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Interviewee: Ralph Romberg
Date: July 29, 2008
Location: Urban School of San Francisco
Interviewers: Jason Ferreria, Carol Sukoneck, Piya Kashyap, Craig Miller, Allegra Molineaux, with Howard Levin

Segment: Part 1 of 5
Transcribed by: Carol Sukoneck
Clean 1 by: Erin Wallace (2009) √ 5-7-09
Clean 2 by: TBD - NEEDED

Introduction of Interviewers

My name is Jason Ferreria, my name is Carol Sukoneck, my name is Piya Kashyap, my name is Craig Miller and my name is Allegra Molineaux. And we are here interviewing Ralph Romberg on July 29, 2008 in San Francisco, California.

Introduction of Ralph Romberg

My name is Ralph Romberg. I was born in Essen Germany in February 21, 1931. At age seven my brother and I left as refugees to go to Sweden. Nine months later we came back to Germany for one day and got on a boat with my parents and went to Cuba. We lived in Cuba for almost two years, where I went to school. In December of 1940 I immigrated to the United States to Chicago, Ill. I was in Chicago until I graduated from college. I went to the University of Chicago and got my undergraduate degree in 1949. I worked in the the fashion business for about a year and half and was then called into the armed services during the Korean War. I spent almost three years in the army—first in Korea and later on back in Germany—and I was discharged in 1952. I got married at that time. My company moved me to New York where I lived for the next 14 years and eventually was transferred back to Chicago. When I was in New York I also got my Masters degree at Columbia University. After living in Chicago for that period of time, I was eventually divorced. I have two children—a boy and a girl from that marriage—and remarried a year and a half later and moved to San Francisco where I was Vice President of I. Magnin. And after being with them for ten years I moved to Dallas Texas where I was a merchandise vice president for Neiman Marcus. I retired from Neiman Marcus in 1999, moved back to San Francisco where I currently live. I am an instructor and head of the management department for the Fashion Institute, both in San Francisco and Los Angeles, and I am also on the Economic Development Commission for the City of San Francisco.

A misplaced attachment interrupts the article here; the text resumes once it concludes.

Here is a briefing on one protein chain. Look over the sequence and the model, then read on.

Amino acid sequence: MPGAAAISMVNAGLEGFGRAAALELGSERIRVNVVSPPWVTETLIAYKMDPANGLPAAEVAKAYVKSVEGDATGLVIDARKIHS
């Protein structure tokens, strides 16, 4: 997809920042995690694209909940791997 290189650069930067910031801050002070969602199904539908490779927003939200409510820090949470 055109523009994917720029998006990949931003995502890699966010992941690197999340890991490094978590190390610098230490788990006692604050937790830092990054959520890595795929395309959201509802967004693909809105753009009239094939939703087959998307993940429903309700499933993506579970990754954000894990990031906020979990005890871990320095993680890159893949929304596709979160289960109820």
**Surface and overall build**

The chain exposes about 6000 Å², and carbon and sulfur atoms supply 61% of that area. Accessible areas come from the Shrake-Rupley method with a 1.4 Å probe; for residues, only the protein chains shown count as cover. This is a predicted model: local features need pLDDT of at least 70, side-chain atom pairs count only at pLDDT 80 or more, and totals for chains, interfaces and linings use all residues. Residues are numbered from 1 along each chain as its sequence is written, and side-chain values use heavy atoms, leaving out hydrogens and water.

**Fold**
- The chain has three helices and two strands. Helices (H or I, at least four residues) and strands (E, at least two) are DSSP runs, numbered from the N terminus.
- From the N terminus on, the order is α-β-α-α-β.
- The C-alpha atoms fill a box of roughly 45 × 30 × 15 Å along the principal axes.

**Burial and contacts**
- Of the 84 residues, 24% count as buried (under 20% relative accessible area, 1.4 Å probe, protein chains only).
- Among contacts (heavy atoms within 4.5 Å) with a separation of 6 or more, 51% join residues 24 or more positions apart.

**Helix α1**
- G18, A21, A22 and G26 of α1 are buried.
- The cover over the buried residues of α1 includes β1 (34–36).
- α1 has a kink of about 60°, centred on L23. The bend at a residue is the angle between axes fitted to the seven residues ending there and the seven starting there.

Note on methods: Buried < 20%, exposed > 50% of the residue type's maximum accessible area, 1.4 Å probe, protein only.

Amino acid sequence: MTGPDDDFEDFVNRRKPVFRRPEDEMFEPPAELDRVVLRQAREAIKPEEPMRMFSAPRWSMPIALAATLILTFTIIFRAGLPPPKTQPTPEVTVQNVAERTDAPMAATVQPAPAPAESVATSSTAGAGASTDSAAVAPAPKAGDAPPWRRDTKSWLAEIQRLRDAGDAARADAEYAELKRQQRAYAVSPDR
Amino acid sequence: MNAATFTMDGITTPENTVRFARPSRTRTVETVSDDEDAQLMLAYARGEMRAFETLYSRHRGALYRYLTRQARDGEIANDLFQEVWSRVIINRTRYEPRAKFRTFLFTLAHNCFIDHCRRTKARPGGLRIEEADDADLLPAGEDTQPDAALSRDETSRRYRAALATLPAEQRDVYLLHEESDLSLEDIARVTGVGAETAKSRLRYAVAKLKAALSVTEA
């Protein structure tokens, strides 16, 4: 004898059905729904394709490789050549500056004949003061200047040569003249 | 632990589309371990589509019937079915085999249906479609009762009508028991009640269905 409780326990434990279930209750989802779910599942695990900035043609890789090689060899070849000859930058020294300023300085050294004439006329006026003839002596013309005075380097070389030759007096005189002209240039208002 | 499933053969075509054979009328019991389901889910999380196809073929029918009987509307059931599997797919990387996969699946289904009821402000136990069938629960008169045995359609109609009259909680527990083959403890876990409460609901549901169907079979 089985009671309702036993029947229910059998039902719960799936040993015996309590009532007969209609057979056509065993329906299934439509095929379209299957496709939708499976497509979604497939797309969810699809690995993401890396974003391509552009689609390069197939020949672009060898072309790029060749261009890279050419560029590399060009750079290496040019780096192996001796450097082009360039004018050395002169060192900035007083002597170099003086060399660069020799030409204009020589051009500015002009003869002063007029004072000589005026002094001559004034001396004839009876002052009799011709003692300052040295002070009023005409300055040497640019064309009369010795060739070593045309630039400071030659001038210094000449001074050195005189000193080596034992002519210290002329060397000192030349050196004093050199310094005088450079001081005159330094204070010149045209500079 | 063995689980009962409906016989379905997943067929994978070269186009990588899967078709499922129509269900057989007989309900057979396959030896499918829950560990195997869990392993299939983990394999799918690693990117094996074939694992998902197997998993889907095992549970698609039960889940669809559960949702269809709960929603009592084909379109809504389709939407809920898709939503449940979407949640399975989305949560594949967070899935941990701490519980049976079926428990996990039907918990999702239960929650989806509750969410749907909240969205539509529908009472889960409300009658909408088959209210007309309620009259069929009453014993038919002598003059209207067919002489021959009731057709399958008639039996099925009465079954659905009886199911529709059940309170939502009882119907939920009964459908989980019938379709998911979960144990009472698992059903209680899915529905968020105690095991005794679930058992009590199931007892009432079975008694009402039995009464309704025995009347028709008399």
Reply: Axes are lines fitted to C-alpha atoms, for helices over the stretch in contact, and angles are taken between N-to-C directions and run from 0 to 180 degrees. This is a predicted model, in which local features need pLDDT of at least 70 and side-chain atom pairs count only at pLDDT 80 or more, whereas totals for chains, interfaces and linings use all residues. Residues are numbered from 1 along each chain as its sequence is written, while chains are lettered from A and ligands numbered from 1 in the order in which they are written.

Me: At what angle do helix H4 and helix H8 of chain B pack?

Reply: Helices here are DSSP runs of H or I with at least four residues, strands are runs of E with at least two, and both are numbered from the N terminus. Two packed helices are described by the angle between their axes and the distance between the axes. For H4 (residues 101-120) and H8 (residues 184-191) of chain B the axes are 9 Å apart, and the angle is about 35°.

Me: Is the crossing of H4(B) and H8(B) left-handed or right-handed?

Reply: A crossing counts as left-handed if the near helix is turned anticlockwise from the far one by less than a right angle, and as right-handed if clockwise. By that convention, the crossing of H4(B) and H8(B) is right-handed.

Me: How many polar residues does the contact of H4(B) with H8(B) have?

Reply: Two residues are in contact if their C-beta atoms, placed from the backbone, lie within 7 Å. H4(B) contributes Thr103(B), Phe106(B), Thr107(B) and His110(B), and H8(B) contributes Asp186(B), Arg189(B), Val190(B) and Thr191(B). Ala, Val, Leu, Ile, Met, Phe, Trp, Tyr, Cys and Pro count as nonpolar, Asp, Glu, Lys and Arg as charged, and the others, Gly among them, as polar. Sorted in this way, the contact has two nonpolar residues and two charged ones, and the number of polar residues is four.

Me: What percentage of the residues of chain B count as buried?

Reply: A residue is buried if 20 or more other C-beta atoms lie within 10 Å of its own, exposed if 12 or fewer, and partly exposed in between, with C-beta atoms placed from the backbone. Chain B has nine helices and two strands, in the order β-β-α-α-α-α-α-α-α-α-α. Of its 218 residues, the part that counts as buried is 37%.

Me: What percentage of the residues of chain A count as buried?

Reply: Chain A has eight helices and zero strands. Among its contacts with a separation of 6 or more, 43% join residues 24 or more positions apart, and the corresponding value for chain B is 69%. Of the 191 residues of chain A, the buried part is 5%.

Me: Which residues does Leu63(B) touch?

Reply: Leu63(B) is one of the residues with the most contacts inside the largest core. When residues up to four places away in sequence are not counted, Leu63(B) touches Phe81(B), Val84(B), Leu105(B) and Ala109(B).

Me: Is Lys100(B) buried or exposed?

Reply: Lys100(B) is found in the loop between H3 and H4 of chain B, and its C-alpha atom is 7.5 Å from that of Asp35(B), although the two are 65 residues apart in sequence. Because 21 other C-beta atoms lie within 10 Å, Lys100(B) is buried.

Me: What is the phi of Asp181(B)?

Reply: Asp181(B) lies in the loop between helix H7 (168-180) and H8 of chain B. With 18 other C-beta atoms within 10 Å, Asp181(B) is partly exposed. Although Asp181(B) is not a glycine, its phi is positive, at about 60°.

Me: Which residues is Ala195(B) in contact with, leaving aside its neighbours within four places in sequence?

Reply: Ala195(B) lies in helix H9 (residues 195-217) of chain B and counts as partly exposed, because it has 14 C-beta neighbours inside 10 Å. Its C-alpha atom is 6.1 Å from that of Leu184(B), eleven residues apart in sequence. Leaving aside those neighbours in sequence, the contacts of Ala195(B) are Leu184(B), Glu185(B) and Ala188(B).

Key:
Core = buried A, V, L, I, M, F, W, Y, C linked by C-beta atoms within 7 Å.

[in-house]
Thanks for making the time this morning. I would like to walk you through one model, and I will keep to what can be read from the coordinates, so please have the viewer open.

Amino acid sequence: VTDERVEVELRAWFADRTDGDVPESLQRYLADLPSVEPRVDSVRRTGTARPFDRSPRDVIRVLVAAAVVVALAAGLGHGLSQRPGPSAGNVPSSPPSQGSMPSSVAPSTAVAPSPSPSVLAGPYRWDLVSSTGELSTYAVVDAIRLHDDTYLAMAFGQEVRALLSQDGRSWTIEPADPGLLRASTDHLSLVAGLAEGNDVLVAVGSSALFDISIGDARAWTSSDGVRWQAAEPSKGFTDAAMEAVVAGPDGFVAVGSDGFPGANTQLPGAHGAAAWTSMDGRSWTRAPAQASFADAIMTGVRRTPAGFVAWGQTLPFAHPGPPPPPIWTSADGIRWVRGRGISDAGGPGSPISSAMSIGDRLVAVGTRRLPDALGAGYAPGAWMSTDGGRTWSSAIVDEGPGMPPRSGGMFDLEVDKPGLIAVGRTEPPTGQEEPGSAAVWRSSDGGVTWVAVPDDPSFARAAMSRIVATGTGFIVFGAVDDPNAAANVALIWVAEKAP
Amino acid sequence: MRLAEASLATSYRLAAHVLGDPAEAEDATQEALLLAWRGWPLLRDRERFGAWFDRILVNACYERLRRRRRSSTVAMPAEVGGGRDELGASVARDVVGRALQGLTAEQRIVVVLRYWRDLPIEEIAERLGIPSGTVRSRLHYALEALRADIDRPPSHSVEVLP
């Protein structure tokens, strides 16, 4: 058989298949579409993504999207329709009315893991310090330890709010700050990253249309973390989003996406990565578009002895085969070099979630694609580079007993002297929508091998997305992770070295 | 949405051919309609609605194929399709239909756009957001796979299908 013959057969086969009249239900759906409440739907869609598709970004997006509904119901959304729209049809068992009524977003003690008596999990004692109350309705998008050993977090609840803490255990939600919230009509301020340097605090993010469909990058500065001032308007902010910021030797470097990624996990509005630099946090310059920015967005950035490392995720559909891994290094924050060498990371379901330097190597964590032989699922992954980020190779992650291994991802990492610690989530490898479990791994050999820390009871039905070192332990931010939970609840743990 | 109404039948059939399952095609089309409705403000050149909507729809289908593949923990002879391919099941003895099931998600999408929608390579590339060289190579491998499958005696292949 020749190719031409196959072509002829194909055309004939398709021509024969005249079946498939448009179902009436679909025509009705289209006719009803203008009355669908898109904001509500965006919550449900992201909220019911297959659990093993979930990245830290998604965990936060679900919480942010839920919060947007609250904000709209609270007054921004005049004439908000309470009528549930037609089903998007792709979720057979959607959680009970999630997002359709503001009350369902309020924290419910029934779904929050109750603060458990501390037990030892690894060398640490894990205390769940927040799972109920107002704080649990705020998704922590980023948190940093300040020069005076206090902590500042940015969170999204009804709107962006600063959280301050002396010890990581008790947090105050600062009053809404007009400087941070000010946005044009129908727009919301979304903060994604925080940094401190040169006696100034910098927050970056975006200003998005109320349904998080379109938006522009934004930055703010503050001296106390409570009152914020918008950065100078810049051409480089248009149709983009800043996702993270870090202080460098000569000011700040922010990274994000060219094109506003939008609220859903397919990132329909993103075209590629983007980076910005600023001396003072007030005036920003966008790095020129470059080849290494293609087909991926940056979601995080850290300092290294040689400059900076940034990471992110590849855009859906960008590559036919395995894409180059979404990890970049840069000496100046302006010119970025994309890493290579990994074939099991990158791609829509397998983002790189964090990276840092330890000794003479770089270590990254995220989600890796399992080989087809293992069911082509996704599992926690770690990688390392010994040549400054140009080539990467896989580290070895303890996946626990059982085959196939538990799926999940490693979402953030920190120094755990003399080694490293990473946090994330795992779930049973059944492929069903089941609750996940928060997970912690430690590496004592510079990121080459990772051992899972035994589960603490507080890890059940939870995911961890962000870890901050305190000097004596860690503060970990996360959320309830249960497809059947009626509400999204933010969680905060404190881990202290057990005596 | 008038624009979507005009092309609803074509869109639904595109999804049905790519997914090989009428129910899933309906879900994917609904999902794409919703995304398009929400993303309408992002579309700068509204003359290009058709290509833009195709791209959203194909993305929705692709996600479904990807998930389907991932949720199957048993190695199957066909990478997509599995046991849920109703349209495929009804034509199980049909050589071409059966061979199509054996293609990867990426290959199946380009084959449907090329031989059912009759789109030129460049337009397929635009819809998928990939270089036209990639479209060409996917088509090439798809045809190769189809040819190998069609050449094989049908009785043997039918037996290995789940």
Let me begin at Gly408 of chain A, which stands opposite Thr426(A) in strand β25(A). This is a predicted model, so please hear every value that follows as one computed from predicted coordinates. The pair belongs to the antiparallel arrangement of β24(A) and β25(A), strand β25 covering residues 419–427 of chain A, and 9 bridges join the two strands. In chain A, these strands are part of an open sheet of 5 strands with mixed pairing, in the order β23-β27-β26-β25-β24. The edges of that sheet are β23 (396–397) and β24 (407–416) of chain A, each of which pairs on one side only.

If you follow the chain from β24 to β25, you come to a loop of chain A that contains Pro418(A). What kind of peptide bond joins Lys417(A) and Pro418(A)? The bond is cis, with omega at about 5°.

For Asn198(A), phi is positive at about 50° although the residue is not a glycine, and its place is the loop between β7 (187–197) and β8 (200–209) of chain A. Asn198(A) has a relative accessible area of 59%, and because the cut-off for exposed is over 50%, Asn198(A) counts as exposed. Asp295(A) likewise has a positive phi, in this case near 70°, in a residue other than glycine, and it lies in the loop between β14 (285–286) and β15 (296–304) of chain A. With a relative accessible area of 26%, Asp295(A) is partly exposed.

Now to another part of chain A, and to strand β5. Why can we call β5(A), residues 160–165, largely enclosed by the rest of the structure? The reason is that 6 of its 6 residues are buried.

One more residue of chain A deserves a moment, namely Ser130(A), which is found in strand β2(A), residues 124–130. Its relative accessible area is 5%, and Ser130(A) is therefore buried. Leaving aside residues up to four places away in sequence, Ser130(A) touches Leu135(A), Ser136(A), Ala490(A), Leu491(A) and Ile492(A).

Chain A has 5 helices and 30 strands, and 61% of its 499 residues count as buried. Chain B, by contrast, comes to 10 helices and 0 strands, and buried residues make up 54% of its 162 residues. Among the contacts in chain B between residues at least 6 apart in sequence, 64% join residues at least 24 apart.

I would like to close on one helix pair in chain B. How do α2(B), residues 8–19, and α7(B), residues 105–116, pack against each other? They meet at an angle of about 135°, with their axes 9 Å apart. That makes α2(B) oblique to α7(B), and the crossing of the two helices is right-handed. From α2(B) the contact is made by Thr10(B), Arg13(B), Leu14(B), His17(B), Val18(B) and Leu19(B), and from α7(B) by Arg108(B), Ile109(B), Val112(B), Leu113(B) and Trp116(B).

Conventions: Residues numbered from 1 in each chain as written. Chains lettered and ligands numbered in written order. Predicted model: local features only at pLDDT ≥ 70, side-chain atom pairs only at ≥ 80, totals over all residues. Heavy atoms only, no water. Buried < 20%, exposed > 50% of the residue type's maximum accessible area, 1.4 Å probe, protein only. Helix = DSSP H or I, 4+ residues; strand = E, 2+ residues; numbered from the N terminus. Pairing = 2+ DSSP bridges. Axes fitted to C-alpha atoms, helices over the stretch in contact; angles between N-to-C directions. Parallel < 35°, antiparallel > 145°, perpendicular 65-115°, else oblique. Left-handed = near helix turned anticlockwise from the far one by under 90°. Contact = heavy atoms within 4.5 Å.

I think we are going to start. You told us about your new career as a teacher when were back in the conference room. Could you tell us a little bit more about what that's been like

When I moved back to San Francisco I knew about the school here. I was looking for something to do, so I went and interviewed with them and told them—they wanted me to start—and I told them I was going to teach one subject because I never taught before in my life. And that kept developing and developing and its now nine years later and its like a second career for me, and I love it. I love students, I like the mental activity. I like the structure of having a place, which is something that befalls a lot of old people—they have no place to go, you know. I have a place to go and it has been wonderful for me.

And can you tell us what classes you teach?

It is a long list because it is nine different classes, but four of them are management, two of them are retail. I also teach one in marketing, one in international business and one in entrepreneurship. It is a lot of classes. Not all at one time obviously.
Do you have a preference? Do you have a favorite?
Yes. I love entrepreneurship. It is more challenging to me in the world, Because it is such a challenge and you kind of try to get the students lit up by this thing, because it is something they can all aspire to, and that is what I am trying to do—get them to try and do that.
Can you tell us about the economic development commission?
This is an appointed job with the city government. And what we do is we get the block grants from HUD. And it is our job then to take this basket of money and dole it out to non profits, which, as you can imagine, for every dollar we have we have applications for 10 so it gets to be pretty challenging.
What got you interested in that?
I wasn't interested. It happened accidentally. I worked for the present mayor to get him elected. And about a month after I did that, I got a phone call, "Would you like to..." And they gave me this list and this sounded interesting. That's how that happened.

Can we go back to your graduate work in Chicago. What did you do your graduate work in?

I did my graduate work in New York. I did undergraduate in Chicago.
What did you do your graduate work in?
Business. It is an MBA.
What drew you to the retailing industry?
Strictly an accident. When I graduated from the University of Chicago I wanted to go onto law school and I didn't have the money. So I figured I could work for a year or two—which you could do in those days—and go back to school. I went to the placement office at school—like lots of students do—and they sent me to the fashion business. And it stuck.
And has it make you very fashionable?
My wife doesn't think so. I hope so.
So fashion was never really something you imagined yourself doing?